In a new twist concerning bullying and sexual harassment controversies at Lloyds of London, a senior lawyer at insurer Tokio Marine Kiln Group is set to sue his employer over his treatment by the firm since he helped blow the whistle on sexual harassment incidents.
According to Bloomberg, whistleblower Ifeanyi Okoh filed a complaint last month at a London employment tribunal suggesting that senior managers at Tokio Marine Kiln Group had sought to undermine his credibility.
Okoh alleged he was characterised as being mentally unstable and that his motivations were financial after he sent an email in April that said there was a culture of fear at the firm.
Okoh had sent an email to TMK CEO Charles Frank that stated: “Sadly, this is part of a longstanding pattern in TMK, one further amplified by systemic intimidation, normalisation of harassment and inhibiting reporting.”
Not long before Okoh sent his email, two senior executives had resigned from the company after one had grabbed a female colleague’s buttocks and had tried to unbutton another’s shirt, while making lewd comments, at a party for the group’s employees. The other bombarded a woman who reported to him with text messages and emails asking her out on dates even after she said she wasn’t interested.
The incidents became public knowledge after TMK CEO Charles Franks called a “town hall meeting” in response to a Bloomberg Businessweek article, where he condemned the widespread behaviour it revealed.
“I have been contacted by several TMK employees and ex-employees who recounted some of the most appalling and shocking details of bullying, intimidation, harassment, victimisation, unwanted attention, sexual harassment and racial abuse,” Okoh said in the email.
In response to Bloomberg, a TMK spokeswoman suggested that while it couldn’t comment on the specifics of the complaint it had a “clear whistleblowing policy in place”.
She added: “We do not tolerate the victimisation of any whistleblower, and are committed to promoting diversity and inclusion at every level of the business. We acted promptly on the original allegations made by the whistleblower, and a thorough and independent investigation into these is well under way.”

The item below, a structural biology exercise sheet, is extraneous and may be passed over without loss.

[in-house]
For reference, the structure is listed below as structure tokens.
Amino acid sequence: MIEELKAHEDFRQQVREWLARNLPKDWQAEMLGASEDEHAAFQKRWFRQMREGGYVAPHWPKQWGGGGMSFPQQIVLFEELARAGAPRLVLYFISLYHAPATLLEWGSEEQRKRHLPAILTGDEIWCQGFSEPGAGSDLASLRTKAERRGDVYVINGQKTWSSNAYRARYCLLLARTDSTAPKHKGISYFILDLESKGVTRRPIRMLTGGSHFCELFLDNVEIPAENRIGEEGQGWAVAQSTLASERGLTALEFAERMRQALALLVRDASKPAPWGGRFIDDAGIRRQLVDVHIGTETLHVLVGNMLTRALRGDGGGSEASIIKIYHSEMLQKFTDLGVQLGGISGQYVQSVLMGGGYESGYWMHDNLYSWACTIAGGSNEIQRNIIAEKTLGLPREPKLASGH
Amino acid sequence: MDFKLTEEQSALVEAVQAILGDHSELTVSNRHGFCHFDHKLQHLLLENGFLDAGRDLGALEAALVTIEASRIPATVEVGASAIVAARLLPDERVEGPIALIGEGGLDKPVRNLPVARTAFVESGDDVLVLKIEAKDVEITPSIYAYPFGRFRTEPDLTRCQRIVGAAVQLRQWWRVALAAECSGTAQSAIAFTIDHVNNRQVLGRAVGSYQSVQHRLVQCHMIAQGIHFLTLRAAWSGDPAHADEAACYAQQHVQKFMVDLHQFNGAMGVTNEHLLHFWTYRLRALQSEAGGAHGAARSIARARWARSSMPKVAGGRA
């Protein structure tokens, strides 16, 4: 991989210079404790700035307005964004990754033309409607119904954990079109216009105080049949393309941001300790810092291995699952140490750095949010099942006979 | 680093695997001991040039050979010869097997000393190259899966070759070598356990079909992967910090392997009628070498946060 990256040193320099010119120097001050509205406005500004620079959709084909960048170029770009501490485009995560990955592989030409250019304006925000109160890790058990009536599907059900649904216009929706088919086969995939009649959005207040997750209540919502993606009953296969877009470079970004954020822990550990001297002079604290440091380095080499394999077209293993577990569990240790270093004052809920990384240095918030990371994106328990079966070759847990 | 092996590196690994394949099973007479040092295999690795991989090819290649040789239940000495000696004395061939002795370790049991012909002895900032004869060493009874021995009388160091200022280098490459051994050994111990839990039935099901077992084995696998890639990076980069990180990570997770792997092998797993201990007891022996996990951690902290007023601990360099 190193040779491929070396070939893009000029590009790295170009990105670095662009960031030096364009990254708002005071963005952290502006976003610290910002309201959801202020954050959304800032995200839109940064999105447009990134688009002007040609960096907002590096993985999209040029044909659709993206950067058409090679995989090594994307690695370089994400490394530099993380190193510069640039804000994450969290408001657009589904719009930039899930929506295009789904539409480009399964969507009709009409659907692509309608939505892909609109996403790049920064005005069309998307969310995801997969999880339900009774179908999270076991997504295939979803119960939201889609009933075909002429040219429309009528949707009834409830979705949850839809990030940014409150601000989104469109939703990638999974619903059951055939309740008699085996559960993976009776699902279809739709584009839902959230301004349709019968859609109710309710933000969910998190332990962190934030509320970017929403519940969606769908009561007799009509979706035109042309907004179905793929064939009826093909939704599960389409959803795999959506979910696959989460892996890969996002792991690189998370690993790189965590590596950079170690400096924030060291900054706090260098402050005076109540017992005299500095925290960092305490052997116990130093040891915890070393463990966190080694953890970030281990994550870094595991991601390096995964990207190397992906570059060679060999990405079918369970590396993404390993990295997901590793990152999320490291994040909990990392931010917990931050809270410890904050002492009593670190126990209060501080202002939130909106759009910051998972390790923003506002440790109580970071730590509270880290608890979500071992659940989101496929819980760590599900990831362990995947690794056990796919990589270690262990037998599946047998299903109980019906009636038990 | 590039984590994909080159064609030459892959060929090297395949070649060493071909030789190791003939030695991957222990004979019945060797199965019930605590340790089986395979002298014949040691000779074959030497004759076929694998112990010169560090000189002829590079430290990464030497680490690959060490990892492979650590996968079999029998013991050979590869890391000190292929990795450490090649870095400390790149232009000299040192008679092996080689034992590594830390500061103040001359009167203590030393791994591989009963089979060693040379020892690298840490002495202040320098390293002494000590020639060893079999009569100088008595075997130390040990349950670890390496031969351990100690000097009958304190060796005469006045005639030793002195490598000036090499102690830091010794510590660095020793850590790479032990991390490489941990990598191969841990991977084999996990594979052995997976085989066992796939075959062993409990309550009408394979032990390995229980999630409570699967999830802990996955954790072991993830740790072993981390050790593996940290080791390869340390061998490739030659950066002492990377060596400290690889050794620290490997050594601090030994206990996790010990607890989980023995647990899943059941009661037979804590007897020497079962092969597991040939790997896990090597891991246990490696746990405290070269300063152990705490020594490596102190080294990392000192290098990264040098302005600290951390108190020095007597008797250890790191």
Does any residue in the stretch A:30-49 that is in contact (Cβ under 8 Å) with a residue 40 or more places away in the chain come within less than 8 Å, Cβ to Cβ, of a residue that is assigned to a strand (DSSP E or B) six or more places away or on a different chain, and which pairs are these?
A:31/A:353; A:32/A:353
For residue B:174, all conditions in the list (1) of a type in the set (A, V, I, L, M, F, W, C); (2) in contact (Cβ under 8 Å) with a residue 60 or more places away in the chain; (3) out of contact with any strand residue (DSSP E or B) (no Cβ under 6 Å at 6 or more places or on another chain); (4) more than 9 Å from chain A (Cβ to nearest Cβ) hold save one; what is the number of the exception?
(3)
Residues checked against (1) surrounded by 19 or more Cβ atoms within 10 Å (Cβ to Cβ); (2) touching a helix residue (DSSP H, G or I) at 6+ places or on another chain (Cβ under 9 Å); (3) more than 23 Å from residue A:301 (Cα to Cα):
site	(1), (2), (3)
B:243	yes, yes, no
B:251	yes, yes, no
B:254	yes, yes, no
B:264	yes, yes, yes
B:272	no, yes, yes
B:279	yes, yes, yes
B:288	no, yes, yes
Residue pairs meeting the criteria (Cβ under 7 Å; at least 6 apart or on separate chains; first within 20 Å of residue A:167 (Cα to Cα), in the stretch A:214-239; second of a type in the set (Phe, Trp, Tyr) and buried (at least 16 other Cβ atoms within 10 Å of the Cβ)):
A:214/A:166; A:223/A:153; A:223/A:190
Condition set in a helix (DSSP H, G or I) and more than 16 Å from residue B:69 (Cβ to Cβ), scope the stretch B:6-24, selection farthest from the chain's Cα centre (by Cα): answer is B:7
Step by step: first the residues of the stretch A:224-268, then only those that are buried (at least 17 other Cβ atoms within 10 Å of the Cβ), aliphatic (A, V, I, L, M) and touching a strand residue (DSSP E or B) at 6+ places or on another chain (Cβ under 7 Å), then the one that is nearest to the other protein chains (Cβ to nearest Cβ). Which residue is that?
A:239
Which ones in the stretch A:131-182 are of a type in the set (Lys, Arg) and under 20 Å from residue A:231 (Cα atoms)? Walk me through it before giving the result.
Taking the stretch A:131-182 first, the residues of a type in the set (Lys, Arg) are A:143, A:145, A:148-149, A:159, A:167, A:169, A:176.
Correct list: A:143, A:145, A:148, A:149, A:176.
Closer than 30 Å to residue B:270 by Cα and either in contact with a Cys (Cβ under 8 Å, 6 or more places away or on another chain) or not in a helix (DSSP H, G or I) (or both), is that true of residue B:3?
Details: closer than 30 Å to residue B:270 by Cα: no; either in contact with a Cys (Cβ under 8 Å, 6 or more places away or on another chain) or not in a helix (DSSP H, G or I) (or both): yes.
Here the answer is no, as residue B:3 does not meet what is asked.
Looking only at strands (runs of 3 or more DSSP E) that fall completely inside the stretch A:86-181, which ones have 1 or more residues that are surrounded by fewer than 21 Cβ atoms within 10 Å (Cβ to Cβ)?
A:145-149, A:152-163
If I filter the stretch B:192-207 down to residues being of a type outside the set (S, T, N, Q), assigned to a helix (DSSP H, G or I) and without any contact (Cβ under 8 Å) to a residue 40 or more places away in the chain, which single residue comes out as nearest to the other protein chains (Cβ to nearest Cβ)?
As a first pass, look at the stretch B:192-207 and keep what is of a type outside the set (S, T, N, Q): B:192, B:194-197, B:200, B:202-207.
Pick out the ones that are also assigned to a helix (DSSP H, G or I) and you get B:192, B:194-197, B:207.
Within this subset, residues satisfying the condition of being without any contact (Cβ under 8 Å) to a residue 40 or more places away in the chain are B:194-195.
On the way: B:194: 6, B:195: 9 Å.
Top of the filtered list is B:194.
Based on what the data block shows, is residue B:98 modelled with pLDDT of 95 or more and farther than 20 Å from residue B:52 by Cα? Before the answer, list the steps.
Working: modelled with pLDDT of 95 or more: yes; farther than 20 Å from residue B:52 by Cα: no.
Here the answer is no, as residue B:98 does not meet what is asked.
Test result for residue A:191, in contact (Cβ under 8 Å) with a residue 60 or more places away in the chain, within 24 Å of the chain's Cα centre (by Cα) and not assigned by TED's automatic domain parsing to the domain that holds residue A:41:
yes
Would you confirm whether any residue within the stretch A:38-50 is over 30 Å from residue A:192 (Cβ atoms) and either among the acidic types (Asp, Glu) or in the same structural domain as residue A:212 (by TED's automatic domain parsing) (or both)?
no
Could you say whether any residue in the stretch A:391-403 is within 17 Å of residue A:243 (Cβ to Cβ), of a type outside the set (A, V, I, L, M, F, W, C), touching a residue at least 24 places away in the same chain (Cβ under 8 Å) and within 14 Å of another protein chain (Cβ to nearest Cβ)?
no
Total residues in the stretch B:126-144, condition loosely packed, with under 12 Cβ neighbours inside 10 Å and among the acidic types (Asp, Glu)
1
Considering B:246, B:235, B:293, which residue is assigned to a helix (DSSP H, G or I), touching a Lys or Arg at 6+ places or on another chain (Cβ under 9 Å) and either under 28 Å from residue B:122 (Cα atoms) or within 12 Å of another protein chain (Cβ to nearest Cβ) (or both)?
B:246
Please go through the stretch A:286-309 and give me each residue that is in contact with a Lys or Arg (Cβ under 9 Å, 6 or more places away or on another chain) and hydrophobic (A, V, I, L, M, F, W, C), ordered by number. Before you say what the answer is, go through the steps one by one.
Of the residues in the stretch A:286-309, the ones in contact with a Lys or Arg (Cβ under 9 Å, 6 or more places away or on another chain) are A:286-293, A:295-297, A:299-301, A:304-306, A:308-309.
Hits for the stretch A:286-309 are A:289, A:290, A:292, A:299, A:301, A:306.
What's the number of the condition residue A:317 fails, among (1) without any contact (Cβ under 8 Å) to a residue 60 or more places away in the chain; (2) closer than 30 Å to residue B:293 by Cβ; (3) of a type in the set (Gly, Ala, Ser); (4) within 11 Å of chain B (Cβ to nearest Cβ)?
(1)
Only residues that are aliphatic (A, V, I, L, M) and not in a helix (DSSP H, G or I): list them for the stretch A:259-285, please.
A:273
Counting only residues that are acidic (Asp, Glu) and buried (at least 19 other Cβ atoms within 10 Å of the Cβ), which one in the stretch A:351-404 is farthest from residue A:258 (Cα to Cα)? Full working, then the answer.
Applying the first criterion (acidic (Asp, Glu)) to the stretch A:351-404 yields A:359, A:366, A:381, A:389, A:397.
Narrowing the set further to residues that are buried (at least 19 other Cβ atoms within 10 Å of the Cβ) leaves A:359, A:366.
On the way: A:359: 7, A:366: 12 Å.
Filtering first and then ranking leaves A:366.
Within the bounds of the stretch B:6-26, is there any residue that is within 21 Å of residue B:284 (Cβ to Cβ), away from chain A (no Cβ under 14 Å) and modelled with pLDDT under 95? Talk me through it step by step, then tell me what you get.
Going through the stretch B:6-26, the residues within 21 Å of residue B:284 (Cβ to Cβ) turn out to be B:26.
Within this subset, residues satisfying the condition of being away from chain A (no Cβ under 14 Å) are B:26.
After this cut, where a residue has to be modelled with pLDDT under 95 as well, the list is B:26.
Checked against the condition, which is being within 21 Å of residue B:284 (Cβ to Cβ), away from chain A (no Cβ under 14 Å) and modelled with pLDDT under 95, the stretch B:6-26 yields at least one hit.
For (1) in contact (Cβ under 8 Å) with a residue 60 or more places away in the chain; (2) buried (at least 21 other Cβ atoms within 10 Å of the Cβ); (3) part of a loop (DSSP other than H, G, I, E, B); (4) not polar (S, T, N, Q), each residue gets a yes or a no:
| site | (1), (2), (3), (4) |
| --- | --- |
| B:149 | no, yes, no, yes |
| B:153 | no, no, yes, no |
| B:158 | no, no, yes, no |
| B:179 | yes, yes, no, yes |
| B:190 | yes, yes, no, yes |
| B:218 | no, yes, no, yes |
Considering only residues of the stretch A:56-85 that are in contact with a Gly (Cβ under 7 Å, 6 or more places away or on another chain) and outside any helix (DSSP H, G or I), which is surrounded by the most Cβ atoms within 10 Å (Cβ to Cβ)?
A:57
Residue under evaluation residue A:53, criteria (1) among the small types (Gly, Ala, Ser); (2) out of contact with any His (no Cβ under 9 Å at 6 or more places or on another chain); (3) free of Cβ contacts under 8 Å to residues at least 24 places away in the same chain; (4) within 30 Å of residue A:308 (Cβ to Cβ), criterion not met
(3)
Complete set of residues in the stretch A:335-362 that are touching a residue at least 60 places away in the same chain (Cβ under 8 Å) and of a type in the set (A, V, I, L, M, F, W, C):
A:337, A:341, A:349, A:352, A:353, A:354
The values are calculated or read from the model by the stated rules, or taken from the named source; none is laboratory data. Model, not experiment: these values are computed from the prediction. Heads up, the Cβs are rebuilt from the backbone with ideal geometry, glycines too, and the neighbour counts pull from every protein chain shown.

One week after Okoh’s email was sent to Frank, Okoh attended a meeting with a senior manager and was told his work was “crap” despite a positive appraisal weeks earlier. Okoh reportedly asked a colleague to join the meeting, but at that point the manager allegedly said: “this relationship is not going to work.” Okoh hasn’t returned to work since, the filing suggests.
The complaint goes on to suggest that on 24 April, Franks sent an email to head of HR Nigel Clemson suggesting he seek advice from the company’s lawyers on how to handle Okoh. It is then alleged that two days later Clemson sent a text message to another executive outlining the law firm’s advice – which allegedly included expressing concerns over Okoh’s mental health and asking him to “seek urgent medical help.”
The executive however told Clemson, Okoh’s filing said, that it wasn’t their job to assess Okoh’s mental health. Clemson responded: “Their [the law firm’s] logic is it shows us as caring and that it flags his questionable state of mind.”
Allegations were also made that the official said Okoh’s motivations were financial and that he was probably only taking these steps “because the claimant is ‘black’.” Allegedly these comments were reported by the third party to the Financial Conduct Authority and Prudential Regulation Authority.
Okoh is said to be seeking unspecified damages and a statement from the company that he has been subjected to unlawful treatment.